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Wednesday, May 27, 2009

Clinton wasn't that bad

So says a key conservative in next Sunday's terrific Times magazine profile:

Yet if Clinton has a powerful memory for slights, he also has a remarkable capacity for reconciliation. He is likelier to find peace with people who hate him the most than with friends who betray him. He focuses his considerable charms on seducing the person in the room he finds most resistant. Among those he has been friendly with lately is Christopher Ruddy, a conservative journalist who was a chief proponent of cover-up theories involving the Clintons during the 1990s. In his book, “The Strange Death of Vincent Foster,” Ruddy rejected official findings that Foster, a deputy White House counsel, killed himself in a Virginia park and suggested the possibility of “a cover-up conducted by people who have, with the help of the press, placed themselves above the law.” Ruddy also advanced the notion that Ron Brown, the Clinton commerce secretary who died in an airplane crash in Croatia in 1996, was actually shot in the head.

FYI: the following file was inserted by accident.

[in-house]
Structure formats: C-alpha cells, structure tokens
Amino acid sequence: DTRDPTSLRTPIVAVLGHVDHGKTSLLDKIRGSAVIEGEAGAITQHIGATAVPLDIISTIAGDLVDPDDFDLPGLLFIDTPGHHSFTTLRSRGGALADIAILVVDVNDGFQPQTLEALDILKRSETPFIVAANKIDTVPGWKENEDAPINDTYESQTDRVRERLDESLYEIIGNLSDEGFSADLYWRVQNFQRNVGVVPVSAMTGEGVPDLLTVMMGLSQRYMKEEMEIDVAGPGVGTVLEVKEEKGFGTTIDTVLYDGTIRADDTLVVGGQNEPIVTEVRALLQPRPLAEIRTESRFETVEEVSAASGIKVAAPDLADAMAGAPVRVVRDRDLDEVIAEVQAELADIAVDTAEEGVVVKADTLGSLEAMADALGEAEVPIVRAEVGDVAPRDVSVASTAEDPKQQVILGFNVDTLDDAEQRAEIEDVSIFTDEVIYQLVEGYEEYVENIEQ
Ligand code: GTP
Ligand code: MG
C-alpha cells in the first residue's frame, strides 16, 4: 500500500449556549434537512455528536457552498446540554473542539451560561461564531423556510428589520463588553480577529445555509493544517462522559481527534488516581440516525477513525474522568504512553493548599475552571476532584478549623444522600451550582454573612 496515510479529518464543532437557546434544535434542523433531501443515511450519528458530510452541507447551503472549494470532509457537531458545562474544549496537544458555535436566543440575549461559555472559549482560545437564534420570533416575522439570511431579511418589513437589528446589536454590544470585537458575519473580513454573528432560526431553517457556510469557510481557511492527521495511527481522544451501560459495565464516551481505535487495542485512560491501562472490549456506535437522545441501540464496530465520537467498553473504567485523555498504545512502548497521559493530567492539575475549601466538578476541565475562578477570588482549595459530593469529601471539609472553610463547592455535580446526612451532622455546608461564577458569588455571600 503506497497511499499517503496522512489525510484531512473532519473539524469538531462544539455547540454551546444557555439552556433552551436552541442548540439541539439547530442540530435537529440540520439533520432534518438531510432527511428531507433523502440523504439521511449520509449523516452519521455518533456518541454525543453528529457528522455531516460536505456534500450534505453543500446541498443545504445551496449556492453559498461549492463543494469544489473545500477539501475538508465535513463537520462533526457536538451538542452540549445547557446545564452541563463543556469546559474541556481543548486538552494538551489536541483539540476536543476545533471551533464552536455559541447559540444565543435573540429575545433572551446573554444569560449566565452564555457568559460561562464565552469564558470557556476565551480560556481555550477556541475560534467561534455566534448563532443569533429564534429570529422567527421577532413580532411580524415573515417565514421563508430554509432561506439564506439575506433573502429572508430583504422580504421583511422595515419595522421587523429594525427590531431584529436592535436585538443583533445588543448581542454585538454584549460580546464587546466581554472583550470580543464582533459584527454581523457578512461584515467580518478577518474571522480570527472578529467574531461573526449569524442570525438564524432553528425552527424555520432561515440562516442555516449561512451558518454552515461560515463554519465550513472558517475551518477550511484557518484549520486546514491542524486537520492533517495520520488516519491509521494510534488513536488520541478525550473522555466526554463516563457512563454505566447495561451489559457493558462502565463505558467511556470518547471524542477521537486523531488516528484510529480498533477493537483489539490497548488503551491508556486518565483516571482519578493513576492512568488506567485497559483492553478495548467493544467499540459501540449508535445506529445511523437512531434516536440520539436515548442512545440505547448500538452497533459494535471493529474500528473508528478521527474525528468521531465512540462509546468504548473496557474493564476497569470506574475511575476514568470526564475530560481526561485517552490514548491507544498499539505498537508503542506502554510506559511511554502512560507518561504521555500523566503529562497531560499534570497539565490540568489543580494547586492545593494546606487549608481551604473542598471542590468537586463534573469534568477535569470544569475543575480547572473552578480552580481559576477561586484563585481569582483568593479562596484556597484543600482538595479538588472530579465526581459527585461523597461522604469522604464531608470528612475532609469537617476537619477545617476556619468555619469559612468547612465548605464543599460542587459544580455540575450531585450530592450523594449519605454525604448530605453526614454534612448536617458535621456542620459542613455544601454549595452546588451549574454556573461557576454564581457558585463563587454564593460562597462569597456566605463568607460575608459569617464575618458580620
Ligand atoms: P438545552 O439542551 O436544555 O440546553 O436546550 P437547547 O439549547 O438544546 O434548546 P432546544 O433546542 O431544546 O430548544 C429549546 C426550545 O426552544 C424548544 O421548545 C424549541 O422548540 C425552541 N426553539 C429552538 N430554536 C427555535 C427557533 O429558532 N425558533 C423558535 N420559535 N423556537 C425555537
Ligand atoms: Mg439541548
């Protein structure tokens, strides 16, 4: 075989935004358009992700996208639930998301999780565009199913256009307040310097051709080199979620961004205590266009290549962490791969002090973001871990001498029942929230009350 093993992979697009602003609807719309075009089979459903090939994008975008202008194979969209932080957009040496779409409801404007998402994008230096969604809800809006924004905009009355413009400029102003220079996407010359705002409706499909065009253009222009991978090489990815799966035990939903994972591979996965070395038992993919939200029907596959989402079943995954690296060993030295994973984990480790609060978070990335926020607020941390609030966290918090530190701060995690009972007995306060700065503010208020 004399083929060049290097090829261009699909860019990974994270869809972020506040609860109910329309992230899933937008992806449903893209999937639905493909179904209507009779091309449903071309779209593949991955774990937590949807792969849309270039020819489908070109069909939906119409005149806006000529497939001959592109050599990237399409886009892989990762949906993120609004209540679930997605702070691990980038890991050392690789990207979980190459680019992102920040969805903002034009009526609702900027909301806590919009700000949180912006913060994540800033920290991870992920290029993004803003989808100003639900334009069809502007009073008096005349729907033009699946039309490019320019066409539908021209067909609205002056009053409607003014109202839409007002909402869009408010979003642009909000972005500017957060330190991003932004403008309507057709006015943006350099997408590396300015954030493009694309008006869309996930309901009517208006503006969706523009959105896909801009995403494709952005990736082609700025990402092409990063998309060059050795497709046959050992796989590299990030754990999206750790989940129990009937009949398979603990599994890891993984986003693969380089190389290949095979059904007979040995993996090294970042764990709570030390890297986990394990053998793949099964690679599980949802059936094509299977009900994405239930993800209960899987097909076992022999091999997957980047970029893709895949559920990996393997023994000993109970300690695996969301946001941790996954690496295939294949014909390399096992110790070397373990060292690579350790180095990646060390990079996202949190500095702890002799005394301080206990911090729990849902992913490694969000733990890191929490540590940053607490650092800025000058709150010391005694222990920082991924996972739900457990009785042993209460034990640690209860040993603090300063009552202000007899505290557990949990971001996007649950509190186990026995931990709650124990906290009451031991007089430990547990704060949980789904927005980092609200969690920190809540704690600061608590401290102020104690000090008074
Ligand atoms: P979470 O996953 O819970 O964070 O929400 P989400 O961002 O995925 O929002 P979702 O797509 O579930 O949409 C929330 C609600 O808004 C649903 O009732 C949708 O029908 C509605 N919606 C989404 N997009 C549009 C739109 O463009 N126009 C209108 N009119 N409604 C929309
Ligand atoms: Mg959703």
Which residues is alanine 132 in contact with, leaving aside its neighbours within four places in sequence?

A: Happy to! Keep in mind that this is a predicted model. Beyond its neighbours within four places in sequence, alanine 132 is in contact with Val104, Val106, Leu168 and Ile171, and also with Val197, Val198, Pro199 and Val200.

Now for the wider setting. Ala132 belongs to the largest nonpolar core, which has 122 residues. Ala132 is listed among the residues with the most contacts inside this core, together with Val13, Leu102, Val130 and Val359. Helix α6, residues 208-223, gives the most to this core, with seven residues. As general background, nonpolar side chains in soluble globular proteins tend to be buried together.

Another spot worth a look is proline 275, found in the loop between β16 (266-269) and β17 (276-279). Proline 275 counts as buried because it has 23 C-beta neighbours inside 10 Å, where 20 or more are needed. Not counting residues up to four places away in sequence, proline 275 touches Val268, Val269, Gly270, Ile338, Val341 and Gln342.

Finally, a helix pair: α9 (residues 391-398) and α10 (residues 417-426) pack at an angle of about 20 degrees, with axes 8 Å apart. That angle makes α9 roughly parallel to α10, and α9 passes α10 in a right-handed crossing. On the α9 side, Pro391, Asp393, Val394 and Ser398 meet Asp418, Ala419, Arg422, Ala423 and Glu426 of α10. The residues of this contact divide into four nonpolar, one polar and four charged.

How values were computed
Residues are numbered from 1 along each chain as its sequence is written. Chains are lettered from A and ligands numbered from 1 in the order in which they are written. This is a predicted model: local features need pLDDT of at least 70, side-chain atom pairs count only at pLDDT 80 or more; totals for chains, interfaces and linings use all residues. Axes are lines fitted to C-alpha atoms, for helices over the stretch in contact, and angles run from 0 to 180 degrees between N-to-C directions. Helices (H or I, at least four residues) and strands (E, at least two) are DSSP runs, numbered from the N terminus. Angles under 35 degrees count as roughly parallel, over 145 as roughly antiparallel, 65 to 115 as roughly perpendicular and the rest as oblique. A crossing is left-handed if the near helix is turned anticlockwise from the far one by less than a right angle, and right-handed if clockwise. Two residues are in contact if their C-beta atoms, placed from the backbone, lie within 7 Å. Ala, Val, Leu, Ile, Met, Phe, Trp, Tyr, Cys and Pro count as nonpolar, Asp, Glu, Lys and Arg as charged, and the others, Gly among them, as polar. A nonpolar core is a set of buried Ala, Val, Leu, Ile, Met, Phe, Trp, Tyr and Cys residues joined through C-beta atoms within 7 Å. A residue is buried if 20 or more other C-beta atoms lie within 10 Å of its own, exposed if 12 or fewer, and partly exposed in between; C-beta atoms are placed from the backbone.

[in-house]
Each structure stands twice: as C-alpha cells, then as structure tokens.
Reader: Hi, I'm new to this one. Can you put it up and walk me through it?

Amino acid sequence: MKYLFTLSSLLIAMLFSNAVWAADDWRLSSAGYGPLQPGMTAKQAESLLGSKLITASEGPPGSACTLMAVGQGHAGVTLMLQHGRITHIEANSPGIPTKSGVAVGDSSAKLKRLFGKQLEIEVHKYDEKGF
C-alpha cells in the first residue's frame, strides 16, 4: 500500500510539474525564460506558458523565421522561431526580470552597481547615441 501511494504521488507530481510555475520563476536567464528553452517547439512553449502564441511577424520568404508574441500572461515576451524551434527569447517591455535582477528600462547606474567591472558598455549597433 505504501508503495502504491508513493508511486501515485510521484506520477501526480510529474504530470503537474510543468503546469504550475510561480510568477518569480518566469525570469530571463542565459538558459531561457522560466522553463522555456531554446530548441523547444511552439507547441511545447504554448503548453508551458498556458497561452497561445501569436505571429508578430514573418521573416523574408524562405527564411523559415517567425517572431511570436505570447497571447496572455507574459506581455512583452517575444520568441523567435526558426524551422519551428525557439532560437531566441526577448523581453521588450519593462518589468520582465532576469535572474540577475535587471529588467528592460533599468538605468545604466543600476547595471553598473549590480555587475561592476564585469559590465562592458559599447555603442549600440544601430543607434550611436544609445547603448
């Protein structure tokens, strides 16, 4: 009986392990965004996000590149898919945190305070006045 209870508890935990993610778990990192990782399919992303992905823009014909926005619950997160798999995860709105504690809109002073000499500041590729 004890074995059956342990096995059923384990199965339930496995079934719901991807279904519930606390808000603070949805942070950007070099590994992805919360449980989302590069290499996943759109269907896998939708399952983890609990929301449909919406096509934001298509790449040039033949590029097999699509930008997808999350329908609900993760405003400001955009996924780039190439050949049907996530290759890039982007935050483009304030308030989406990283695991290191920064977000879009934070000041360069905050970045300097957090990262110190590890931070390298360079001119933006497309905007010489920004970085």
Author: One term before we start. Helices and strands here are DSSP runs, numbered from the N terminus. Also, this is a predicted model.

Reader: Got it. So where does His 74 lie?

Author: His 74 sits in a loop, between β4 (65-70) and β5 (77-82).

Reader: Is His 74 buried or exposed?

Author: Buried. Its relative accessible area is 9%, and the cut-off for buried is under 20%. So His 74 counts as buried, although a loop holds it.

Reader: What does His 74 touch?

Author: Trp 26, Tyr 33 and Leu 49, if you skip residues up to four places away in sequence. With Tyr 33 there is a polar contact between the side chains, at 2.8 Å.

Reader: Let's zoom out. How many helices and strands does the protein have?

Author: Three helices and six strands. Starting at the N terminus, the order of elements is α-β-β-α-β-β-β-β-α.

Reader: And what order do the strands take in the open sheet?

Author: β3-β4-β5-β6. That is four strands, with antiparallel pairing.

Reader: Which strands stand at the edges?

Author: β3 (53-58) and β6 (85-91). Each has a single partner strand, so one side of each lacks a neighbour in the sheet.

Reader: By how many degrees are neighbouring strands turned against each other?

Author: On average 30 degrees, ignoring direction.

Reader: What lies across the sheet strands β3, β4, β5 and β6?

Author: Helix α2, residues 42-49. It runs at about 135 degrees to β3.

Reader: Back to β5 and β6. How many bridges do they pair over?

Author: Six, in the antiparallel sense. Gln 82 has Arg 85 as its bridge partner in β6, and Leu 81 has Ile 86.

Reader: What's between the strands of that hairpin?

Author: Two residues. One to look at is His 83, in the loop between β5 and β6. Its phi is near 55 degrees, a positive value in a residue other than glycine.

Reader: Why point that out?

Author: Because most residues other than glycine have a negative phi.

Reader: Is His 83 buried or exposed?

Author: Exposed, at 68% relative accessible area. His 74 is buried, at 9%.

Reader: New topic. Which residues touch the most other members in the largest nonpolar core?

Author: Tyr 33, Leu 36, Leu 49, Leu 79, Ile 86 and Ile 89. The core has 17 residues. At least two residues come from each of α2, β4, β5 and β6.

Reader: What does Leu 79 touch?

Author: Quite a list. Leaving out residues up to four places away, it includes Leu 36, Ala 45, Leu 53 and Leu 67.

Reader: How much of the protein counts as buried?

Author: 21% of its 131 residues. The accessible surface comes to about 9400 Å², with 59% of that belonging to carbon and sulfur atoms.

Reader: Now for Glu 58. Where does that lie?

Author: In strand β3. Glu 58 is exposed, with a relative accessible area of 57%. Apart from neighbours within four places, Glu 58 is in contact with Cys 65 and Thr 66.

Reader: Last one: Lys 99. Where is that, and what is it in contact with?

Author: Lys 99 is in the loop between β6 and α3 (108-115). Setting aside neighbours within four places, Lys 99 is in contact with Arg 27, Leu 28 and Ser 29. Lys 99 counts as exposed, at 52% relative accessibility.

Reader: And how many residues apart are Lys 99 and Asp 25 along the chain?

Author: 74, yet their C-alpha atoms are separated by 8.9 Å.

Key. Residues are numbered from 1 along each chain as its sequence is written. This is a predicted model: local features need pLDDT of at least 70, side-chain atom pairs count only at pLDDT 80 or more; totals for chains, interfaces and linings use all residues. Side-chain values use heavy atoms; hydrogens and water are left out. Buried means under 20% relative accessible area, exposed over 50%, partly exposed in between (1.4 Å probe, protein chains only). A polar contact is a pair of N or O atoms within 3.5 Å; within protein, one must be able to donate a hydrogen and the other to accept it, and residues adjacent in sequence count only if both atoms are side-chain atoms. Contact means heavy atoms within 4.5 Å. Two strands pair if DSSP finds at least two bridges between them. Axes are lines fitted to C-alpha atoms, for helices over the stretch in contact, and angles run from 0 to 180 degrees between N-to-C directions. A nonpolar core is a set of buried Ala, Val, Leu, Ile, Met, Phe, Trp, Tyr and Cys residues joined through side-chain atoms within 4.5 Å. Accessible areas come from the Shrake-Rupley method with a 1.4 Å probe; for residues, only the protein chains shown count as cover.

Ruddy today is the founder and chief executive of Newsmax, a conservative news-magazine. He told me he came around on Clinton after Ed Koch, the former New York mayor, introduced them. That led to lunches and more contacts, and now Ruddy says he was wrong about Clinton. “I do consider Bill Clinton a friend, and I think he would consider me a friend,” Ruddy said. “And to think of all the wars we went through in the ’90s, it seems almost surreal.”

With the passage of time, Ruddy said he came to believe that Clinton was much less liberal than his enemies thought. After all, Clinton overhauled welfare, tamed the deficit and promoted free trade. While still a proud “Reagan conservative,” Ruddy said he now thinks the attacks on Clinton in the 1990s went too far. “Did we like and enjoy all the salacious reporting and all the stuff going on in the ’90s?” he asked. “I guess we thought, This is just politics. But looking back at my role, I was probably over the top. And if I knew then what I know today, I wouldn’t have pursued some of that stuff as aggressively as I did. I did an honest reporter’s job. But I have a different take on it now.”

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